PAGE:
In Evelyn Bencicova’s series ‘Ecce Homo,’ many faceless nude bodies appear in strange positions. Some are lying on shelves or tables, while others are sprawled in masses on the floor.
Ecce Homo is Latin for ‘behold the man,’ a common artistic motif with Biblical origins that has been expanded to include depictions of violence and war. Although Evelyn Bencicova’s scenes are not necessarily violent, they’re still wrapped in mystery, leaving the viewer in the dark about what has actually happened to these contorted bodies. (Ecce Homo by Evelyn Bencicova.)
Photography for Evelyn Bencicova isn’t just the image of a person or an object, but a thought process that manifests itself as the content of the image. Therefore, a picture for her is a moment in a longer and multi-layered creative process, in which she is, effectively, a creator of sculptural arrays and directed scenes, rather than simply a photographer. Evelyn admits that is not interested all that much in technical aspects of photography.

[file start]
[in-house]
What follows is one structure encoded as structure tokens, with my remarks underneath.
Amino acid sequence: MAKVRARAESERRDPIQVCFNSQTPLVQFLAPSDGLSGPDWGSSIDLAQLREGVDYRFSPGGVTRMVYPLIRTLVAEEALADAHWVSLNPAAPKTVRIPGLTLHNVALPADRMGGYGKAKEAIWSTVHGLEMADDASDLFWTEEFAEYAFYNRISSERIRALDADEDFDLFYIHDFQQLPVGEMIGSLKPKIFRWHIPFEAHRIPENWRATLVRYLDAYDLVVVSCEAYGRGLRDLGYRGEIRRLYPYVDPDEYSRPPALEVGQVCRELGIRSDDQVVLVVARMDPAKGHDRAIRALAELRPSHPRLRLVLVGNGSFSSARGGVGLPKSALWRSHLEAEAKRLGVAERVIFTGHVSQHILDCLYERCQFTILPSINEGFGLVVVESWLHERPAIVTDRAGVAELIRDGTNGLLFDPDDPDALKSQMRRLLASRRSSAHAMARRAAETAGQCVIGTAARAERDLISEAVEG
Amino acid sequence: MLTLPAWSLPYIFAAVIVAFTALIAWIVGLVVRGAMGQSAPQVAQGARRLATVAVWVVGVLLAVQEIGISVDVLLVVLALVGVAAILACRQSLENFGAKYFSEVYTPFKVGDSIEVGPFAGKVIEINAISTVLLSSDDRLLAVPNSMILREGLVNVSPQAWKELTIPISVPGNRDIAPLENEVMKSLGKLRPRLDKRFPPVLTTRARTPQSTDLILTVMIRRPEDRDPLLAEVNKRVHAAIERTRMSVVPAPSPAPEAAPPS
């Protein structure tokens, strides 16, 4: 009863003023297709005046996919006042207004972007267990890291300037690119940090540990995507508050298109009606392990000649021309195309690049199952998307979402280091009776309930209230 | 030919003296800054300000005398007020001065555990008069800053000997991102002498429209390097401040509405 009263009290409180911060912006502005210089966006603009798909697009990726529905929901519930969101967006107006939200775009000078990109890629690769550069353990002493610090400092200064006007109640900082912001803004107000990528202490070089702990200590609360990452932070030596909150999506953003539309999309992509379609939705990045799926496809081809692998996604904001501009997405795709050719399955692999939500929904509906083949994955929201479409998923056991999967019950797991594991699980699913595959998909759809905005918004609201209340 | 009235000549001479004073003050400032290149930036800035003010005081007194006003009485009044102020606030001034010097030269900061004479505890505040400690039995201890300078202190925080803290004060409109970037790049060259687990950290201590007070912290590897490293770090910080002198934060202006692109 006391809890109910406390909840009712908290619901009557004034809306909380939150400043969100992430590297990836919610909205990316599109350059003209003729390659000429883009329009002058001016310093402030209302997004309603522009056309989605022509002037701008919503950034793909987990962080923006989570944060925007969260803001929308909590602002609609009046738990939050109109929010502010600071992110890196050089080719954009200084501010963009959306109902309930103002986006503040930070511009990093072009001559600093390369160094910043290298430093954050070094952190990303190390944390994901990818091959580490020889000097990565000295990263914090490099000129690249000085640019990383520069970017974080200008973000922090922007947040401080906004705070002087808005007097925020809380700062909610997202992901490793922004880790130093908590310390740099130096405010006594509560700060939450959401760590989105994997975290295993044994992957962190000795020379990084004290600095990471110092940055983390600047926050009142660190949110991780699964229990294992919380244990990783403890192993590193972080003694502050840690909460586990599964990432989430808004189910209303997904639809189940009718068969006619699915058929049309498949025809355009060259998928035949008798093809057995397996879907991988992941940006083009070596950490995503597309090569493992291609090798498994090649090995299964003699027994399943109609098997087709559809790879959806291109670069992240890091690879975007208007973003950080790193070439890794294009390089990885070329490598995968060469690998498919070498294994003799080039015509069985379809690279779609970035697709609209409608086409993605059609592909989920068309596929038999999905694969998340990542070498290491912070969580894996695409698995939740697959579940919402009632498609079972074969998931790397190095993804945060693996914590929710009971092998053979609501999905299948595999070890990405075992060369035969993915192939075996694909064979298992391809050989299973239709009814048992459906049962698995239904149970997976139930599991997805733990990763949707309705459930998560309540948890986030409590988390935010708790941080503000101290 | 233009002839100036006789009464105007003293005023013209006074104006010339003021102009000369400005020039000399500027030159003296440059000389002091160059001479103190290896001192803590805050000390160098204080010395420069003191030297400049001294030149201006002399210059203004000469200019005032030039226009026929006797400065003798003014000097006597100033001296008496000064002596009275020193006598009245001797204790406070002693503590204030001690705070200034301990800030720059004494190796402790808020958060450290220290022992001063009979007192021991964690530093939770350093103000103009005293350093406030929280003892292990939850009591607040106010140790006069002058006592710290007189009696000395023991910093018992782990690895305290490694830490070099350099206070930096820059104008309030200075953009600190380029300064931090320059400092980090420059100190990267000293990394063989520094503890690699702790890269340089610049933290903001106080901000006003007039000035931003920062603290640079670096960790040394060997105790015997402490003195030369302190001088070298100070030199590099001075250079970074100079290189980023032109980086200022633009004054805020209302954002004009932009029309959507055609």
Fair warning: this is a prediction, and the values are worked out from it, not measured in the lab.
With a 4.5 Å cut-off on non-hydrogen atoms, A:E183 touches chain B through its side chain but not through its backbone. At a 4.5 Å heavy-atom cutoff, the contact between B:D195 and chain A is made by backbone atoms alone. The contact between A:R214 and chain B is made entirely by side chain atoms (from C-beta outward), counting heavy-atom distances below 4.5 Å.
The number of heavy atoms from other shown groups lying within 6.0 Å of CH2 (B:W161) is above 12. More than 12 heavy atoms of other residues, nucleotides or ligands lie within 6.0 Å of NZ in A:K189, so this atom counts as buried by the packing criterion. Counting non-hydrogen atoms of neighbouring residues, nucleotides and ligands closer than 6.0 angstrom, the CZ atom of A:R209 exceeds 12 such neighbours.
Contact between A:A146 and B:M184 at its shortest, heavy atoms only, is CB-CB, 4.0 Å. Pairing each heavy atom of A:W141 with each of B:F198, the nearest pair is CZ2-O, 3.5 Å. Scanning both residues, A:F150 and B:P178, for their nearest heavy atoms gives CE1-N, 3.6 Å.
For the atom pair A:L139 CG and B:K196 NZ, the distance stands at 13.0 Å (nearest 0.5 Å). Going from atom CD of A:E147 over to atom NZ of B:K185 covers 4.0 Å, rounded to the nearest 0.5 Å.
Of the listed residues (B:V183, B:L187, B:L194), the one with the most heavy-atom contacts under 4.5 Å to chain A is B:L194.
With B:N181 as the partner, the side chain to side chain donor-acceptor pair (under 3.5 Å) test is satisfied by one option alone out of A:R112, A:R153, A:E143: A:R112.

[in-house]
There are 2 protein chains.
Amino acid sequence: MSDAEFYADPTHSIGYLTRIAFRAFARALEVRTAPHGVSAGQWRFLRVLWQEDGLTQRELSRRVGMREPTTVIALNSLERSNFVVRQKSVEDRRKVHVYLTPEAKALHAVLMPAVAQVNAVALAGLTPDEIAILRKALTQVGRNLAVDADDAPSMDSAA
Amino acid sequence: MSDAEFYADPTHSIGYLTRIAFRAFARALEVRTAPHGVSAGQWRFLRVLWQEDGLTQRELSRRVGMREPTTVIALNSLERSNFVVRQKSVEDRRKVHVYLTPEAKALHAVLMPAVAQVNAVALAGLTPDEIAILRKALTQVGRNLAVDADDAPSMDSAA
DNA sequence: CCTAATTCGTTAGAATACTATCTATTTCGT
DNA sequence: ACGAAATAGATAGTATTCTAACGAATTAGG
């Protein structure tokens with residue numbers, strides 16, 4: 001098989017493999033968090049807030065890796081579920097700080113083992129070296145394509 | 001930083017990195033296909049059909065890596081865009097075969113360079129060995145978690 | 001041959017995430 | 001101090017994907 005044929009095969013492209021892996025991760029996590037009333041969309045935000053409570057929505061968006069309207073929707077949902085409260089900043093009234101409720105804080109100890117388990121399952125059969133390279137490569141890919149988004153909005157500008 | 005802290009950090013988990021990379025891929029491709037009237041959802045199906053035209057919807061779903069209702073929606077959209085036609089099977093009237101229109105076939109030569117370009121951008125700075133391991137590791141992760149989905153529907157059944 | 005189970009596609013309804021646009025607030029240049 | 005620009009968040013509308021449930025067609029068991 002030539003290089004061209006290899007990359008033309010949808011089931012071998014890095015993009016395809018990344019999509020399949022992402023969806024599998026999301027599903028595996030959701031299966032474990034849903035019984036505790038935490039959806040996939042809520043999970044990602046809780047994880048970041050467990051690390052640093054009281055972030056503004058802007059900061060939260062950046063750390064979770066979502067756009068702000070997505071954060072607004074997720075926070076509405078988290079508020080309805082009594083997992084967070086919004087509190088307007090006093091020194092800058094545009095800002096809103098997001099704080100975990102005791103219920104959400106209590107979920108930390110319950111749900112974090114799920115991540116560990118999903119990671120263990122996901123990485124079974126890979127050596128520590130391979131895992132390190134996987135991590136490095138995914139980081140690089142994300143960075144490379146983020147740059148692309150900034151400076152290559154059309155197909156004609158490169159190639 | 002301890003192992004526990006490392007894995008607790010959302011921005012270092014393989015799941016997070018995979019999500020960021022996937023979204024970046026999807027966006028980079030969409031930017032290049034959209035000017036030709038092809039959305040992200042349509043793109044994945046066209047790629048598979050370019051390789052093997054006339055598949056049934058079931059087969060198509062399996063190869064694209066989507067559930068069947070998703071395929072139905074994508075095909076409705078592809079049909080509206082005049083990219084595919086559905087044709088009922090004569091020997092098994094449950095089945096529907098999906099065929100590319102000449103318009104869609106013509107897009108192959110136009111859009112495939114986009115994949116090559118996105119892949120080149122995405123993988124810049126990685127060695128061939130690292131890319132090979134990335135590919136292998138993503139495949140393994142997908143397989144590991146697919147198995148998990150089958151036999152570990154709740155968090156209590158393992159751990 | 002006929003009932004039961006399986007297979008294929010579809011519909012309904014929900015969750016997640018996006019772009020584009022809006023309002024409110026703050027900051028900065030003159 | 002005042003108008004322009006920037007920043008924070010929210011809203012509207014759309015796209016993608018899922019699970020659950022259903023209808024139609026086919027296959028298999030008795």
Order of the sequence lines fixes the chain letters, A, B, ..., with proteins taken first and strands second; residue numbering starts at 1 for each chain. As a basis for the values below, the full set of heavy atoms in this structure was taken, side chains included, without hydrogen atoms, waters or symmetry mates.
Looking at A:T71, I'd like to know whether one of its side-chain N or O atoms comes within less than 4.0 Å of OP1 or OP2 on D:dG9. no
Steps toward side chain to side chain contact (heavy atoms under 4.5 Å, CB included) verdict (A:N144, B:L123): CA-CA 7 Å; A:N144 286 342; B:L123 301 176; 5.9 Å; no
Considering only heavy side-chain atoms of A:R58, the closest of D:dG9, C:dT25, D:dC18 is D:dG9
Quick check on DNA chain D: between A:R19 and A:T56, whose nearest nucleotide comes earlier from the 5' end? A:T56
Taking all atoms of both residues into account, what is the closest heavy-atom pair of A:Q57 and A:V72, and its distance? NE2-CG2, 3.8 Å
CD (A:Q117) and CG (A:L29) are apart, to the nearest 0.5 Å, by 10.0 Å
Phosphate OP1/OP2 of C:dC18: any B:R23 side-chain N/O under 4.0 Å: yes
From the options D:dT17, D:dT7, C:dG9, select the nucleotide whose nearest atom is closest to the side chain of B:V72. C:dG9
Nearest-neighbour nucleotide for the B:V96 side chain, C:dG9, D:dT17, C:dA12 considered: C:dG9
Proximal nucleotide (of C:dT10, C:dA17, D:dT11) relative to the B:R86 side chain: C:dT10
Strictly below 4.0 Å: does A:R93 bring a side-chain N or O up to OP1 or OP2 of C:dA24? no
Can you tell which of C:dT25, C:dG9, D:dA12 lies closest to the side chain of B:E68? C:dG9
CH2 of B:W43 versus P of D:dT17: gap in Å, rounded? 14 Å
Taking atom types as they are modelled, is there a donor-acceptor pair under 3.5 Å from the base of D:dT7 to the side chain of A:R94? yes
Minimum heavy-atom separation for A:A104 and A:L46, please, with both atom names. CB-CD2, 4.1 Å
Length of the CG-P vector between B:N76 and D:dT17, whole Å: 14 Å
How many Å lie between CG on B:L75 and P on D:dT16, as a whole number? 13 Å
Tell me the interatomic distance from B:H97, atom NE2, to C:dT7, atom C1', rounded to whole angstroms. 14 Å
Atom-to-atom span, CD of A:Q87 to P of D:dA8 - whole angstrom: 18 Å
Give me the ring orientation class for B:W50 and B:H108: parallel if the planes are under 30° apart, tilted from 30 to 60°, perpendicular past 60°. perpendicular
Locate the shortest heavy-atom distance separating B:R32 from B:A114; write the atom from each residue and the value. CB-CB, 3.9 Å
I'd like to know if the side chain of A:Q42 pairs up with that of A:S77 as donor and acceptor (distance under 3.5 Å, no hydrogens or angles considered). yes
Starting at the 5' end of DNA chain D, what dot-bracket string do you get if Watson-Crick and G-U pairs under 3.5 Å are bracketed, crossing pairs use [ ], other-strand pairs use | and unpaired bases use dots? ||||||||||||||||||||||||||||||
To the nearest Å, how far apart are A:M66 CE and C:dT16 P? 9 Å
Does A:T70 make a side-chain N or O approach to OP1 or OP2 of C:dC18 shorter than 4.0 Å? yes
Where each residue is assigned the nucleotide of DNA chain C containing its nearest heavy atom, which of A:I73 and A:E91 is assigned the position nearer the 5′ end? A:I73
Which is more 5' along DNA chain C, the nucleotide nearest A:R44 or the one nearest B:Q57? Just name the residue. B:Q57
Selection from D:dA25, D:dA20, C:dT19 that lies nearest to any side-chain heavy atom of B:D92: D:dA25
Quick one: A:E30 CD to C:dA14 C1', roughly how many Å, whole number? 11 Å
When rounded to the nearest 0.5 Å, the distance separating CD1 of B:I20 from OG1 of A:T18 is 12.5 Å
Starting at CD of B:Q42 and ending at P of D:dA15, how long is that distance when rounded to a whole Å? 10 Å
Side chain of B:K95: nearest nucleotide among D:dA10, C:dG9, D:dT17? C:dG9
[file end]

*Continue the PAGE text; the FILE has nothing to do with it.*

Through the treatment of the body as a large and flexible sculptural or choreographic device (with extensive use of props and different materials, such as molten wax, extravagant costumes, or even dead animals), Bencicova creates sharp visual gestures.
They do not represent something profound, but rather create a relationship between the people, the bodies, the environment, an audience and herself, the artist.
The models in the photographs are not explicitly sexual, rather genderless, sexless, faces hidden and bodies transformed into abstract shapes, creating intense images “built in” into a variety of spaces.
Locations for her photo-shoots aren’t chosen arbitrarily or by chance. They are cold, bare, sterile. These are places where something happened, but what?
Evelyn admits that her work is not about WHO is in the picture but, rather, WHAT is happening in the picture. Her models are often her friends, those who understand the message of the pictures and who are able to pose for several hours.
Well, I liked it, sort of.